“The Rabaa Operations Room was not how we used to refer to the case at first. That name was only given to it after the case was referred to court,” said lawyer Ahmed Helmy, who is working on the case. “We used to call it the ‘media personnel’ case because it has many journalists and media workers, but later it was expanded to include the Muslim Brotherhood’s Guidance Bureau, and high-ranking members of the group.”
In the case, 51 defendants are charged with “forming an operations room to direct the terrorist Muslim Brotherhood group to defy the government during the Rabaa Al-Adaweya sit-in dispersal and to spread chaos in the country”, according to a statement released by the Prosecutor General’s office.
The Muslim Brotherhood’s Supreme Guide, Mohamed Badie, and 50 other defendants have stood trial since April 2014 in case number 2210/2014, referred to as the ‘Rabaa Operations Room’ case. The case is headed by Judge Nagy Shehata, who is also presiding over four other high-profile cases including the ‘Cabinet Clashes’ and Al Jazeera trial.
There are 12 journalists and media workers incriminated in the case, according to Abdullah Al-Fakharany, one of the detained journalists in the case. Defendants include journalists, who worked with established newspapers including Youm7 and Al-Karama newspaper, as well as correspondents and top managers in satellite channels such as Ahrar 25, Misr 25 and Al-Aqsa channel. Most of those channels were covering the events of Rabaa Al-Adaweya Square, according to Helmy.
Two journalists detained in the case work for Rassd News Network: Abdullah Al-Fakharany, founding member of Rassd Network; and Rassd’s Executive Director Samhi Mostafa. Mohamed Al-Adly, a presenter on the Islamist Amgad channel, and Egyptian-American activist Mohamed Soltan are also detained in the same case.
These four defendants were arrested in the home of Mohamed Soltan, who is also son of Muslim Brotherhood leader Salah Soltan. They face a range of charges, with some related to their work in the media sector, while other charges are related to them “joining a terrorist organisation”. The three journalists, alongside with Mohamed Soltan, are held in Tora Prison, southeast of Cairo.
Lawyer Ahmed Helmy defends the four defendants above, along with Salah Soltan, Muslim Brotherhood spokesperson Mourad Mohamed Ali, and Youssef Talaat.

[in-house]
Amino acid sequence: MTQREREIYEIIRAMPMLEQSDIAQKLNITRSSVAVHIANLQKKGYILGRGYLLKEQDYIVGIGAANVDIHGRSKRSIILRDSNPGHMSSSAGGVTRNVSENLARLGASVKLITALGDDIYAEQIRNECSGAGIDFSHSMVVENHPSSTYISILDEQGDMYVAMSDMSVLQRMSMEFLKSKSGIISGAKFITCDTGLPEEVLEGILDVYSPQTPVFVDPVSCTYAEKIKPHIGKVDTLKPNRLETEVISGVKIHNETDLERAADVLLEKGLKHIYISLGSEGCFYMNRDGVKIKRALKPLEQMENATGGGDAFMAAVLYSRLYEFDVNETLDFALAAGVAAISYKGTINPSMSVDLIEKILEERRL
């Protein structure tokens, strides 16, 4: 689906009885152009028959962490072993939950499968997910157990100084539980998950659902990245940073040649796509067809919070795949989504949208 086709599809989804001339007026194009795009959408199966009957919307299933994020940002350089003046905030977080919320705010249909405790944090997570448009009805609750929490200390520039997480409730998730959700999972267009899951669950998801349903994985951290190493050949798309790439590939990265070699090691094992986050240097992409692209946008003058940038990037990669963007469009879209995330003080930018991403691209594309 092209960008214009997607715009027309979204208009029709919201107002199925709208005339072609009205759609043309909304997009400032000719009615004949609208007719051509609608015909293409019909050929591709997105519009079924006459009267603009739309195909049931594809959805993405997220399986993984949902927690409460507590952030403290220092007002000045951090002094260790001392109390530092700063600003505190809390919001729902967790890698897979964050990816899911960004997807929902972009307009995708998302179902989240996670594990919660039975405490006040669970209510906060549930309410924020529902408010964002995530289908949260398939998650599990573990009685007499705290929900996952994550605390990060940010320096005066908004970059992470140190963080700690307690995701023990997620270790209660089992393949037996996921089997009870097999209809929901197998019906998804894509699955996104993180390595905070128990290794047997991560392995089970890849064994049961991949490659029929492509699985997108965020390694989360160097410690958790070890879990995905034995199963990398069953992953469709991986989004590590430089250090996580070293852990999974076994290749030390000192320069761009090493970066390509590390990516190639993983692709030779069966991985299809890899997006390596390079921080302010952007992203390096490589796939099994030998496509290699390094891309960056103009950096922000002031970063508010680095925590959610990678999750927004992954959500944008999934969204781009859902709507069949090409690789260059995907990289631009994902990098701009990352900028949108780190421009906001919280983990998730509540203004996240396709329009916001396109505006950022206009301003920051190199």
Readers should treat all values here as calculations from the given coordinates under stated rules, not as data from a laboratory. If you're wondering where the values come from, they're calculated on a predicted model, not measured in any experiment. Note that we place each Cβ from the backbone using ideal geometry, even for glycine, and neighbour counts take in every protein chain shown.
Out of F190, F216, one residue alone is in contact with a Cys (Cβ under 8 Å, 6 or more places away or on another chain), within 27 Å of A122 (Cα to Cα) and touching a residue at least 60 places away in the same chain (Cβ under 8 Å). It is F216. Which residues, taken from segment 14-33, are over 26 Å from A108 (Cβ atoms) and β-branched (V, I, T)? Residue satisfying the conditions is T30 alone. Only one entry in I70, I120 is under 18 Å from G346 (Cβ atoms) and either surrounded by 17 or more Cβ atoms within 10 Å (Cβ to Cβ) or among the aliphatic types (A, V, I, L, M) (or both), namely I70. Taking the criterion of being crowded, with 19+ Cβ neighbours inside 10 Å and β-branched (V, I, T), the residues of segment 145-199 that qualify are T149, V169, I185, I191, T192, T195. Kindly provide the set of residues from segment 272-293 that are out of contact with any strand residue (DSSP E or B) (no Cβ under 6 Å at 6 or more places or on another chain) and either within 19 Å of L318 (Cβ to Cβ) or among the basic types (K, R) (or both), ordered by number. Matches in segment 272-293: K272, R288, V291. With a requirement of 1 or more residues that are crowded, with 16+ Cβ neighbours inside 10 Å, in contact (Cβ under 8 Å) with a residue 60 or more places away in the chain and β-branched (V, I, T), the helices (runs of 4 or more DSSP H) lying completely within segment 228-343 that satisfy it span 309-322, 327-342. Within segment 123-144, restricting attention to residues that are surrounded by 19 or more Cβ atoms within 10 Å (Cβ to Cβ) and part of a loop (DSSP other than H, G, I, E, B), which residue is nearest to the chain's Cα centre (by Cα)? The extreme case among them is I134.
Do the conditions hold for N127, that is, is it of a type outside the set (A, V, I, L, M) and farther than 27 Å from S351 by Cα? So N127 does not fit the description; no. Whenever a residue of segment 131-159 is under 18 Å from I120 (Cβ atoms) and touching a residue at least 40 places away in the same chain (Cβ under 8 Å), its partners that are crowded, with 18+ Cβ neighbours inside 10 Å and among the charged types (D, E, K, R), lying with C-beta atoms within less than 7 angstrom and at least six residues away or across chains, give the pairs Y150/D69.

Al-Fakharany shares one prison cell with three other journalists, Samhi Mostafa, Mohamed Al-Adly and Mosaad Al-Barbary, head of Ahrar 25 channel.
Accusations include the “broadcasting and spreading [of] false information” in the coverage of fatalities and injuries sustained during the dispersal of the sit-ins in August 2013. This was allegedly done with the intent of harming national security and influencing international public opinion.
The defendants also face charges of joining a terrorist group, damaging public and private property, and incitement of violence by sending groups of Muslim Brotherhood members to create chaos and panic.
Referring to the charges, Helmy believes that the most important ones for his defendants are those related to their work as journalists, whereas the other charges are “meaningless”, raising doubts about the constitutionality of the some of those charges.
Regarding their arrest, there was a procedural error pertaining to the order of arrest, according to the Association for Freedom of Thought and Expression’s (AFTE) report on imprisoned journalists in 2014. AFTE’s lawyer Ahmed Abdelnaby was mentioned in the report, saying that the defendants were arrested on 21 August, while it appears from the case documents that the order of arrest was issued on 25 August. This entails the defendants were in the custody of homeland security prior to the order of arrest by four days, which is considered illegal. Lawyer Ahmed Helmy confirmed this.